But, the question remained: where had last night’s adventure taken him? His track passed by the hemlock he spent last winter in and we noted that all the twigs he’d snipped off now decorated the ground as skeletons of their past, needleless as they were.

He led us to another hemlock tree that he seemed to pause beside and perhaps climb, but he didn’t do any dining there. A chipmunk had also raced around a wee bit later than the porcupine.

Sometimes he waddled over downed trees.

Other times he went under them and we had to find an easier way around, all the while making sure that in wet spots, we didn’t fall through any ice. It was a bit tricky to say the least, but we were determined.

At last our question was answered when we saw disturbance in the snow and oak leaves. Mr. Porcupine had come to forage for acorns.

We even found a spot where it appeared he’d paused to dine. And the track of a vole. One of the things I love about snow is the information it gives us and the fact that it makes us think about the story. The porcupine’s story ends there for our adventure, as the acorn feast was his turn around point. From there, his track returned to his den.

We, on the other hand, went looking for more and on our way to a brook that slices through the property, we discovered many ornamental icicles decorating the trees, each with its own interpretation of form and structure.

Our hope was to get as close to the water as possible, for there we were sure we’d spot others who had passed through the landscape. To keep from falling through the thin ice, however, we had to cross from one Cousin Itt clump to another.

If anyone tracked us later in the day, they must have thought, “Hmmm, human paused here for .minute, then took a giant step to get to the next Cousin Itt.” And they would have been correct in their assumption.

It was closer to the edge, where the winterberries and sweetgale grew, that Pam spied another ornament to add to nature’s Christmas tree.

The remains of a small bald-faced wasp nest dangled from the shrub. One cannot view such without wondering about the fact that the wasps had collected plant and wood fiber, mixed it with saliva, and chewed it into a papier-mâché of their own form. And in so doing, though this nest was smaller than some we’ve encountered, its structure was the same. This happens over and over again in nature and my awe never ends.

Eventually, we left that spot and journeyed to another. Not far along, we recognized another old friend, a snow lobster, I mean snowshoe hare.

Typically with hoppers, leapers, and bounders, I don’t take time to measure the stride because it can vary so much, stride being the length from one set of prints to the next. But, this was one huge hop and so out came my tape measure. Mind you, it’s a six foot measure. And by the black lines you can see that the hare flew through the air and landed almost seven feet from his jumping off point.

We followed him for a few minutes and then got distracted by the bird prints that were everywhere . . . as were the hemlock and birch seeds. Tis the season, and while folks aren’t necessarily finding birds at their feeders, I hear and/or see them every time I step into the woods. Let’s hope the same holds true for next week’s Christmas Bird Count. BTW: these are junco tracks.

A ruffed grouse had also wandered through and we laughed as we followed his track for he made some abrupt turns.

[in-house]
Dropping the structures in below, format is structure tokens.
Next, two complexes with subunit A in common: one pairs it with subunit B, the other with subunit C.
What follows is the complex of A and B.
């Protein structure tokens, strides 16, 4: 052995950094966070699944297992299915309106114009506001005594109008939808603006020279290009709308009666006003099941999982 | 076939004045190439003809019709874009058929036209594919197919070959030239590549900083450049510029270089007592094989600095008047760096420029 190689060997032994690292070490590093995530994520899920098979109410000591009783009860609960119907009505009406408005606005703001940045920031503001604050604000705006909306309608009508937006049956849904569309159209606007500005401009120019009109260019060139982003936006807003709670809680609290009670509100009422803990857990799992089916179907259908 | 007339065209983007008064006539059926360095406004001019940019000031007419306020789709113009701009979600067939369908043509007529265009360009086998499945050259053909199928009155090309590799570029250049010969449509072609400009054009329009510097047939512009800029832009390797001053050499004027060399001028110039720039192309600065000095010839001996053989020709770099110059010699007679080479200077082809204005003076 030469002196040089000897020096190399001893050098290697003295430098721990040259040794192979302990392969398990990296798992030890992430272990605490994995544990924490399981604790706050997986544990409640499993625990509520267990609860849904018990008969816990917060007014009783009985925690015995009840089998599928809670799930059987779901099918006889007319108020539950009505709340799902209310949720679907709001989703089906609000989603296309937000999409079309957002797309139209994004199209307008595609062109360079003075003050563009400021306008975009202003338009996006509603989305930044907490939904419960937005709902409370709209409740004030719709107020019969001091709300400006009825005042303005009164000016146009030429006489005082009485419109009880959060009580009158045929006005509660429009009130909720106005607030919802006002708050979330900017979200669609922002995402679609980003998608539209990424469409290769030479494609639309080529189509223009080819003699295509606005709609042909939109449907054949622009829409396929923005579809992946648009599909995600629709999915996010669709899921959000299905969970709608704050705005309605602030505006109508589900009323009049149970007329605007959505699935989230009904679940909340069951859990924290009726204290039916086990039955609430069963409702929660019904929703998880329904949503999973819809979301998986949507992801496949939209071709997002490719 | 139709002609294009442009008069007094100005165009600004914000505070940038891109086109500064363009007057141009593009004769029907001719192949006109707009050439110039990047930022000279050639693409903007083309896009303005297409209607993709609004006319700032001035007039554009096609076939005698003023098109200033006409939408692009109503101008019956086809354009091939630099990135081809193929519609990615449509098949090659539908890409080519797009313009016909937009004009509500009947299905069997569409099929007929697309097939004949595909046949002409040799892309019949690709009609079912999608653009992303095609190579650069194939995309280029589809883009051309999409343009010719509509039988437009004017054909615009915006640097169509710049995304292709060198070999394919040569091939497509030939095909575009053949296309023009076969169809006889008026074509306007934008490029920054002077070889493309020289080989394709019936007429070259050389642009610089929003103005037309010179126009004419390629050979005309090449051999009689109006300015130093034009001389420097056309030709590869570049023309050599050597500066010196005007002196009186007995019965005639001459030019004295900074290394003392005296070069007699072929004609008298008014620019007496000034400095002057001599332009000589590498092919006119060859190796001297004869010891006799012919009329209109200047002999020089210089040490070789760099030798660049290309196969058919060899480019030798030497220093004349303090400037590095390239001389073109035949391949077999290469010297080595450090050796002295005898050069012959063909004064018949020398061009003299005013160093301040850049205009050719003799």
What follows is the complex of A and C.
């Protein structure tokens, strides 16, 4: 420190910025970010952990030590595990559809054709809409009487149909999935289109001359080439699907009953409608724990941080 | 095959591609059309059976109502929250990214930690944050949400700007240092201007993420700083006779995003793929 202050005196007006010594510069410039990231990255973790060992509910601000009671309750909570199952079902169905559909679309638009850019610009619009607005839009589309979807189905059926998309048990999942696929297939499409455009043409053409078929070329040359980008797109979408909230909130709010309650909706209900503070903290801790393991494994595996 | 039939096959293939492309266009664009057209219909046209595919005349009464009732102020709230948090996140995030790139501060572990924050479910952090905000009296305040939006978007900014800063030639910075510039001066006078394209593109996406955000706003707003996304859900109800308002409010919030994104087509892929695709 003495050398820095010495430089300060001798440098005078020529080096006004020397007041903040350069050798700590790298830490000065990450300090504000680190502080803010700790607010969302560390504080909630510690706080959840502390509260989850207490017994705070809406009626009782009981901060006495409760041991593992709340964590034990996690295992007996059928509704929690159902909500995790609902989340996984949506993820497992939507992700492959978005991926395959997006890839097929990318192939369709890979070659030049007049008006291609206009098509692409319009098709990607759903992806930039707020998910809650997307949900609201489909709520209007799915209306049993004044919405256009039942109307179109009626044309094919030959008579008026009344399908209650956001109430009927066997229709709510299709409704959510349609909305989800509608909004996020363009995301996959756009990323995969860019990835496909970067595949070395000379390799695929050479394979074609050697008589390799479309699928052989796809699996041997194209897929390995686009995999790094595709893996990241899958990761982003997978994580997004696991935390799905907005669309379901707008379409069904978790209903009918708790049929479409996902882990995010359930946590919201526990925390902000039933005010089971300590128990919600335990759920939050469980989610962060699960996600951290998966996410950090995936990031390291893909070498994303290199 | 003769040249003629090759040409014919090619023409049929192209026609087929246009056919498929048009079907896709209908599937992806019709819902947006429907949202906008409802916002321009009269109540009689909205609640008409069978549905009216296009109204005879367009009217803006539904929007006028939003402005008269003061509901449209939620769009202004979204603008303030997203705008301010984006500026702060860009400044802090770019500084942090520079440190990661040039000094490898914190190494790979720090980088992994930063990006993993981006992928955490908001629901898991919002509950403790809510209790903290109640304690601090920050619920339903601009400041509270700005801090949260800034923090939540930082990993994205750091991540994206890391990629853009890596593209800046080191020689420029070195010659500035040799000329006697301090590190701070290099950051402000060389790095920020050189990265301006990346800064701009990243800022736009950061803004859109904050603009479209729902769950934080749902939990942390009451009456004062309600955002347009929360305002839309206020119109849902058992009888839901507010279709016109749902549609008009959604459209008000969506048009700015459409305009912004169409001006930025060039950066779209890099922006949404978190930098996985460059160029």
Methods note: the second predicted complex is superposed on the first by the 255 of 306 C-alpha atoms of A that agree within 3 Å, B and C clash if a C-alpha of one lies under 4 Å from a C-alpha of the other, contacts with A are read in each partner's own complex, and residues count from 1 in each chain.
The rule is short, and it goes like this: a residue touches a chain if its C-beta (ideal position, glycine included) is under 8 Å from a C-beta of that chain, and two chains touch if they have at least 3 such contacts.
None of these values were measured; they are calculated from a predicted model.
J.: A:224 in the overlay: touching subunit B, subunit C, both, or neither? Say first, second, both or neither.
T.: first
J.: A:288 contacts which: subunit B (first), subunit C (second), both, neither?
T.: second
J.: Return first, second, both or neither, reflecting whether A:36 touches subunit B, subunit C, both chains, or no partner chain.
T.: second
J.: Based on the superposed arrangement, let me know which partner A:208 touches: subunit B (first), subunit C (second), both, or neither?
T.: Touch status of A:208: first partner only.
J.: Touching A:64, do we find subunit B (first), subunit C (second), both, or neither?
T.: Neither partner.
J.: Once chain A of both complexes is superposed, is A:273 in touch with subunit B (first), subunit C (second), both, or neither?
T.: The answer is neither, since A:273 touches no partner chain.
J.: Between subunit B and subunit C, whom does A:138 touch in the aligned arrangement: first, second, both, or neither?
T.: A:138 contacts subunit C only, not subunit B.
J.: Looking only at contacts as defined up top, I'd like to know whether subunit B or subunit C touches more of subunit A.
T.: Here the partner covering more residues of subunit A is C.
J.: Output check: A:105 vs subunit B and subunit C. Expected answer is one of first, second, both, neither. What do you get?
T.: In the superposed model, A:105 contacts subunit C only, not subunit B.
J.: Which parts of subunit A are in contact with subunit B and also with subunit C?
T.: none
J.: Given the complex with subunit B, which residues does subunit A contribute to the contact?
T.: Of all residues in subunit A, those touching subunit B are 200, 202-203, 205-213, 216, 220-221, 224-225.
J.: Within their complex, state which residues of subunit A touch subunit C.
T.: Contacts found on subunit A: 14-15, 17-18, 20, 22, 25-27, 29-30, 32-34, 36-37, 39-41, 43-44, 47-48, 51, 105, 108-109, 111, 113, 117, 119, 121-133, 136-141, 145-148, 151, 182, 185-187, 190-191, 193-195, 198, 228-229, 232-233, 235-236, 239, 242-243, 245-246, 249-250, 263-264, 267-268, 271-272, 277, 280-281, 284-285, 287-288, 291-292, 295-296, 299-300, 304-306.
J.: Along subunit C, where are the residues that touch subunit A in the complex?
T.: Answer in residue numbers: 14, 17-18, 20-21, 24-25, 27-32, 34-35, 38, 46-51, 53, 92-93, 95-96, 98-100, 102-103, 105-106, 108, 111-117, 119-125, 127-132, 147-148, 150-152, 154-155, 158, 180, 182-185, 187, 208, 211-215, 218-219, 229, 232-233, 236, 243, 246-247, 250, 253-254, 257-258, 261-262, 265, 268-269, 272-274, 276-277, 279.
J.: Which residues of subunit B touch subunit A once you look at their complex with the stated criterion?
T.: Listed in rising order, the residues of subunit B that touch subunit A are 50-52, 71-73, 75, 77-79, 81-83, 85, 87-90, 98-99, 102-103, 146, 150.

Again, making our way to the brook that crossed through this property, we found other cool things to admire and wonder about, including the Blackberry Knot Gall. Of course, we didn’t know it’s exact name at the time, but some homework helped with the ID. Apparently, the Blackberry Knot Gall Wasp (Diastrophus nebulosus) laid numerous eggs in the plants cane and the plant accommodated such by creating an abnormal growth. Being colonial, there’s a group of larval wasps wintering inside. I did wonder, however, if the hole was created by a very hungry woodpecker or some other bird. This one will need repeat visits so we can keep track of any ongoing activity.

Besides more bird tracks, lots of bird tracks, we found a set of gray squirrel tracks and chuckled as we noticed his attempt to climb to the top of the tree, at which point it appeared that he decided not to jump to the other side of the brook, but rather to run back down and cross via the ice. The brook isn’t entirely frozen, so his journey was precarious at best.

For a bit, we followed the brook to the wetland, a wetland that we love to explore in winter, but again, the conditions were such and I did break through some ice, that we finally turned around. But really, we may have continued if it hadn’t been for the temperature and wind.

When she arrived home, Pam sent me this image. I think saying it “feels like 2˚” may have been an understatement. It was our feet that proved to be the coldest. Later, we each admitted that it took a hot bath/shower to finally warm up. A cup of tea also helped do the trick.

Despite that, we were grateful for the opportunity to travel the fringes of the wetlands during the fringe season as fall turns to winter in western Maine.

Wondermyway meets the Bangor Daily News

At the nudging from one of the founders of the Maine Master Naturalist Program, Dorcas Miller, I submitted an article to the “Act Out” section of the Bangor Daily News.

To my pleasant surprise, it was accepted. (And they’ve asked for another–yippee!)

Here’s the link: https://bangordailynews.com/2019/12/10/act-out/maine-naturalist-befriends-a-ruffed-grouse/

Many, many thanks to Aislinn Sarnacki of the Bangor Daily News and “Act Out with Aislinn” for making it all happen.